Who doesn't love cookies? Particularly soft, chewy ones saturated with chocolate chips?
I'm willing to bet you do.
I also have a feeling, though, that you watch your cookie consumption, since you know they are empty calories.
Delicious, sure, but nutritionally void.
What if I told you I had a tasty, chocolate chip vegan cookie made with whole wheat flour and oats?
Let me tell you more about it.
It has no refined sugars, white flour, dairy, eggs, cholesterol, hydrogenated oils, or trans fats.
Its first and second ingredients are whole wheat flour and rolled oats, respectively.
If you took the bait -- read carefully.
Nana's Vegan Cookies are available nationwide, and described by their creator as "extremely healthy".
I have tried them myself and will vouch for their taste. They are absolutely delicious. Chewy, moist, flavorful, and better than most conventional cookies.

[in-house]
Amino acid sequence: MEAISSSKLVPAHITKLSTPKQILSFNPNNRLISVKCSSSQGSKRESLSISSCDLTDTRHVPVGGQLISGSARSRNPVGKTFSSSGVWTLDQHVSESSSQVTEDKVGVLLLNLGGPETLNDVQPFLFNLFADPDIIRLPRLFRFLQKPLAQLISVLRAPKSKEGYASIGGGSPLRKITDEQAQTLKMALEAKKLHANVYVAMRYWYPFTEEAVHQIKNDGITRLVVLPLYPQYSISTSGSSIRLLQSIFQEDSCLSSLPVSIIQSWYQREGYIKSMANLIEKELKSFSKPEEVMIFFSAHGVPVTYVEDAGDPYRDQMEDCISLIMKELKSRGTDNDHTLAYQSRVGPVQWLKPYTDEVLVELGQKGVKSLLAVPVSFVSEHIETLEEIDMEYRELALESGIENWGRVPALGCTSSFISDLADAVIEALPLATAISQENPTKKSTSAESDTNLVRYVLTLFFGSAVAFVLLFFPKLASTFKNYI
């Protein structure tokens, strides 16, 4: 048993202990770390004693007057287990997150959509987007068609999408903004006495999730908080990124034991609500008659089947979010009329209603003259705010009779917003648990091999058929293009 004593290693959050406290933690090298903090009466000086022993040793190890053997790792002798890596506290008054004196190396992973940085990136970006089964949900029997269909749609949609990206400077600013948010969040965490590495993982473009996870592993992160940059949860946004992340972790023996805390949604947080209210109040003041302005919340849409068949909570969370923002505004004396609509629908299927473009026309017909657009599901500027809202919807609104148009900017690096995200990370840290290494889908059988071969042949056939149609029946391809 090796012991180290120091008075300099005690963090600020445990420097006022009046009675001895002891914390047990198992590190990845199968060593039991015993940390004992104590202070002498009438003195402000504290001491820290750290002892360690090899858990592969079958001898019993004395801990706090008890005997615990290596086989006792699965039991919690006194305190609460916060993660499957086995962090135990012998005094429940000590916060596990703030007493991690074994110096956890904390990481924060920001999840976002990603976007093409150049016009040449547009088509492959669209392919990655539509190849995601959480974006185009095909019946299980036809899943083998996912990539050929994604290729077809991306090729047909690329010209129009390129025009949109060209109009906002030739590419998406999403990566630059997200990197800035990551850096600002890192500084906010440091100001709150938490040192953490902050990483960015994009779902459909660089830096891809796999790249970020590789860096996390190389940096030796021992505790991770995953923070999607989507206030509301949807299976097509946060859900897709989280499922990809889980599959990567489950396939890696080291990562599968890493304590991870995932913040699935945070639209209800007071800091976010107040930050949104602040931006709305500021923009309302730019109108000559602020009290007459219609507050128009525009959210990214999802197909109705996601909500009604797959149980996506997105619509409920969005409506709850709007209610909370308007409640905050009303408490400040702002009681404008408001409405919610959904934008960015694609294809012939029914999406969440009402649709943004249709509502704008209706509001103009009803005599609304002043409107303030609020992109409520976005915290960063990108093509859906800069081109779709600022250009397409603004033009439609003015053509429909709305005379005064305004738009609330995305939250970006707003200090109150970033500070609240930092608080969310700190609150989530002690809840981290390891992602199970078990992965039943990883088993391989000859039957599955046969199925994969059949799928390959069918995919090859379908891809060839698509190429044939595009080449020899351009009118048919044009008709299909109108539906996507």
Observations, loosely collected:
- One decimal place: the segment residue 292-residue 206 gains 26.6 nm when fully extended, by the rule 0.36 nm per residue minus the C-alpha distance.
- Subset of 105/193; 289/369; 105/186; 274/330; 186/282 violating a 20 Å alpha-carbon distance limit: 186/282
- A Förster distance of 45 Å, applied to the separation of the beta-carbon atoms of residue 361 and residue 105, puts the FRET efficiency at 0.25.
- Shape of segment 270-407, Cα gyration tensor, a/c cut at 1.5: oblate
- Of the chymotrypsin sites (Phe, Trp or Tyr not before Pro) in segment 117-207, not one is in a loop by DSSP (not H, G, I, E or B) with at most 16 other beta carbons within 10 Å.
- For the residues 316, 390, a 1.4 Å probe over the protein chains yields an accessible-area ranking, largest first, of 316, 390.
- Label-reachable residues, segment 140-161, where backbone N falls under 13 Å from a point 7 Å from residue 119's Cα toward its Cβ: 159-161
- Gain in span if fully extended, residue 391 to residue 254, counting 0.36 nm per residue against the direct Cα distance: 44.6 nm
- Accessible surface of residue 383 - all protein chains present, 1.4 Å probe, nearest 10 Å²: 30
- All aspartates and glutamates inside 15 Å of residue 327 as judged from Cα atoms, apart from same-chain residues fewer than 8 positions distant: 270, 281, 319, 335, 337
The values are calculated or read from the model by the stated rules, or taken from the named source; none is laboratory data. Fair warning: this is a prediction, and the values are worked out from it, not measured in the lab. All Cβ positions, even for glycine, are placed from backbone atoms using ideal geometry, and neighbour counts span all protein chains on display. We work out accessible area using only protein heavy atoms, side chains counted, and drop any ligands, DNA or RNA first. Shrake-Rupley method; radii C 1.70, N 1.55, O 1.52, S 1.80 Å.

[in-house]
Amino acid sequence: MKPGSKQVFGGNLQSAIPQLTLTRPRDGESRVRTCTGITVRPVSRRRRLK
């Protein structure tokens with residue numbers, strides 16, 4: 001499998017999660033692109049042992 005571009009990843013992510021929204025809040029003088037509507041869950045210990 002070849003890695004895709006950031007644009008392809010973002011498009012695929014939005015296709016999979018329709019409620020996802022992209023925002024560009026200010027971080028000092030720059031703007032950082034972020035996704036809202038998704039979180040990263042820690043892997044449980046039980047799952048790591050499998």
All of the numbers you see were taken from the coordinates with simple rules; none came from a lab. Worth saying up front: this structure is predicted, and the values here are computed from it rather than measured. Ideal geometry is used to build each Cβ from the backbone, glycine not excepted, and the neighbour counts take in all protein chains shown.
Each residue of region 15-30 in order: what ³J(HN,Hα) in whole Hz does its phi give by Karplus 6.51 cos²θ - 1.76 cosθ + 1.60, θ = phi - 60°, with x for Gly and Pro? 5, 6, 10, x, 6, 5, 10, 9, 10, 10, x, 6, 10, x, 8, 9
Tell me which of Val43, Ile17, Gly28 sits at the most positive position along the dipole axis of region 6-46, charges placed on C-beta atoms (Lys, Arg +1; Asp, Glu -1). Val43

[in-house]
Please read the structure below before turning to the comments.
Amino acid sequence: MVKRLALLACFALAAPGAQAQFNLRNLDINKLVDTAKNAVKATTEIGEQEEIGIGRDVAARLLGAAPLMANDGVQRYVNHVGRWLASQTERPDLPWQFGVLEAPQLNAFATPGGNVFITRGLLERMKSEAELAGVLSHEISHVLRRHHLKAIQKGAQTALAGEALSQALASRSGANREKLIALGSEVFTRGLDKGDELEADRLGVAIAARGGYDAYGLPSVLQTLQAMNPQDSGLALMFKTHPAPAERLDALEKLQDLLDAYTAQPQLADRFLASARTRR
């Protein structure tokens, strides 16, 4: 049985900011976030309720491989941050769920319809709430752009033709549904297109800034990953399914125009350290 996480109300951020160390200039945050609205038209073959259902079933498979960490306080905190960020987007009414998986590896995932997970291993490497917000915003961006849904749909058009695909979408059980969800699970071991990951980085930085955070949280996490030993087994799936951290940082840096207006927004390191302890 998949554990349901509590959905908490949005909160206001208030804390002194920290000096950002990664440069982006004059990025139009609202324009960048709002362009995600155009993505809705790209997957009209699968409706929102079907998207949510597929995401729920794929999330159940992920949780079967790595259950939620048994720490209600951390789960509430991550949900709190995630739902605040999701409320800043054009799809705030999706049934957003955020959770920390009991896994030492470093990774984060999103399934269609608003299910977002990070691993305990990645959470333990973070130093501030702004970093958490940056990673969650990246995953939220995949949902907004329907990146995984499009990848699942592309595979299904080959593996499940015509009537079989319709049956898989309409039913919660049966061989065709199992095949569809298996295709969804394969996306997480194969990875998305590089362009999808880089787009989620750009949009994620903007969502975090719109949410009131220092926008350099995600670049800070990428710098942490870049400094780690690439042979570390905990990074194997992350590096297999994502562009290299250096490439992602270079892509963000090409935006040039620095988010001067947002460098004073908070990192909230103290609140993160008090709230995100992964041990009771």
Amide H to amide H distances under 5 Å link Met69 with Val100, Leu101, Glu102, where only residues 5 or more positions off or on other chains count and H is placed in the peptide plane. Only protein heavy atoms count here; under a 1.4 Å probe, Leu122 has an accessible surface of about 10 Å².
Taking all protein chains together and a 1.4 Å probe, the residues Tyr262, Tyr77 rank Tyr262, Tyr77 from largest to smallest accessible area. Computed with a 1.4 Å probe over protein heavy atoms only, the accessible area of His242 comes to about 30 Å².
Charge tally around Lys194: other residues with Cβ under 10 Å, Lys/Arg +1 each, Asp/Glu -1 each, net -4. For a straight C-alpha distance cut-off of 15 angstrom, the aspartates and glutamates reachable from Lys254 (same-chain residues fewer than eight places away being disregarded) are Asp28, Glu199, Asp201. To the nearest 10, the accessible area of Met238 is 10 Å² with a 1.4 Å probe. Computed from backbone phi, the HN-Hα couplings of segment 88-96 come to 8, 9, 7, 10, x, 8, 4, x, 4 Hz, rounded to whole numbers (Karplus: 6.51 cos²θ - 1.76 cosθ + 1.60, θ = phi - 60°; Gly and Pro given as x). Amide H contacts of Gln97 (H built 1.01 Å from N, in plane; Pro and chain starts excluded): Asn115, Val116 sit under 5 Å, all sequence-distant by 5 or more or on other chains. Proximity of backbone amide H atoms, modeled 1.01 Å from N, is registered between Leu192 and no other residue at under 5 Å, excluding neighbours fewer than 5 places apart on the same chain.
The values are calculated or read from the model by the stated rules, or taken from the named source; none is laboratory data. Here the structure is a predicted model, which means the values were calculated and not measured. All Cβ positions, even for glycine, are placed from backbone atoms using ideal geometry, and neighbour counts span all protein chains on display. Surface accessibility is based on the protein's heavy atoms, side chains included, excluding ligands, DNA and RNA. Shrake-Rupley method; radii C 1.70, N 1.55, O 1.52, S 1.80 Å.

When I truly want to indulge in a sweet treat, I pick one up.
"Indulge? How bad can they be? They don't have any of the 'bad stuff'," you may think.
Well, a 3.5 ounce cookie (the only available size) delivers 410 calories, 320 milligrams of sodium, 22 grams (5 1/2 teaspoons) of sugar (in the form of fruit juice), and just 3 grams of fiber.
From a caloric and fiber standpoint, that's equal to 7 regular Oreo cookies!
I find that people tend to automatically equate vegan, dairy free, fruit-juice sweetened, and whole grain with "healthy", when that isn't always the case.
Remember that fruit juice is, essentially, sugar water, and our body metabolizes it very similarly to sucrose (table sugar).
My rule of thumb? Cookies are not supposed to be health foods.
Sure, a cookie without trans fats and composed of whole grains is a slight improvement, but it is still a cookie.
Therefore, treat it as such. Enjoy it, savor it, but always consider its calories discretionary.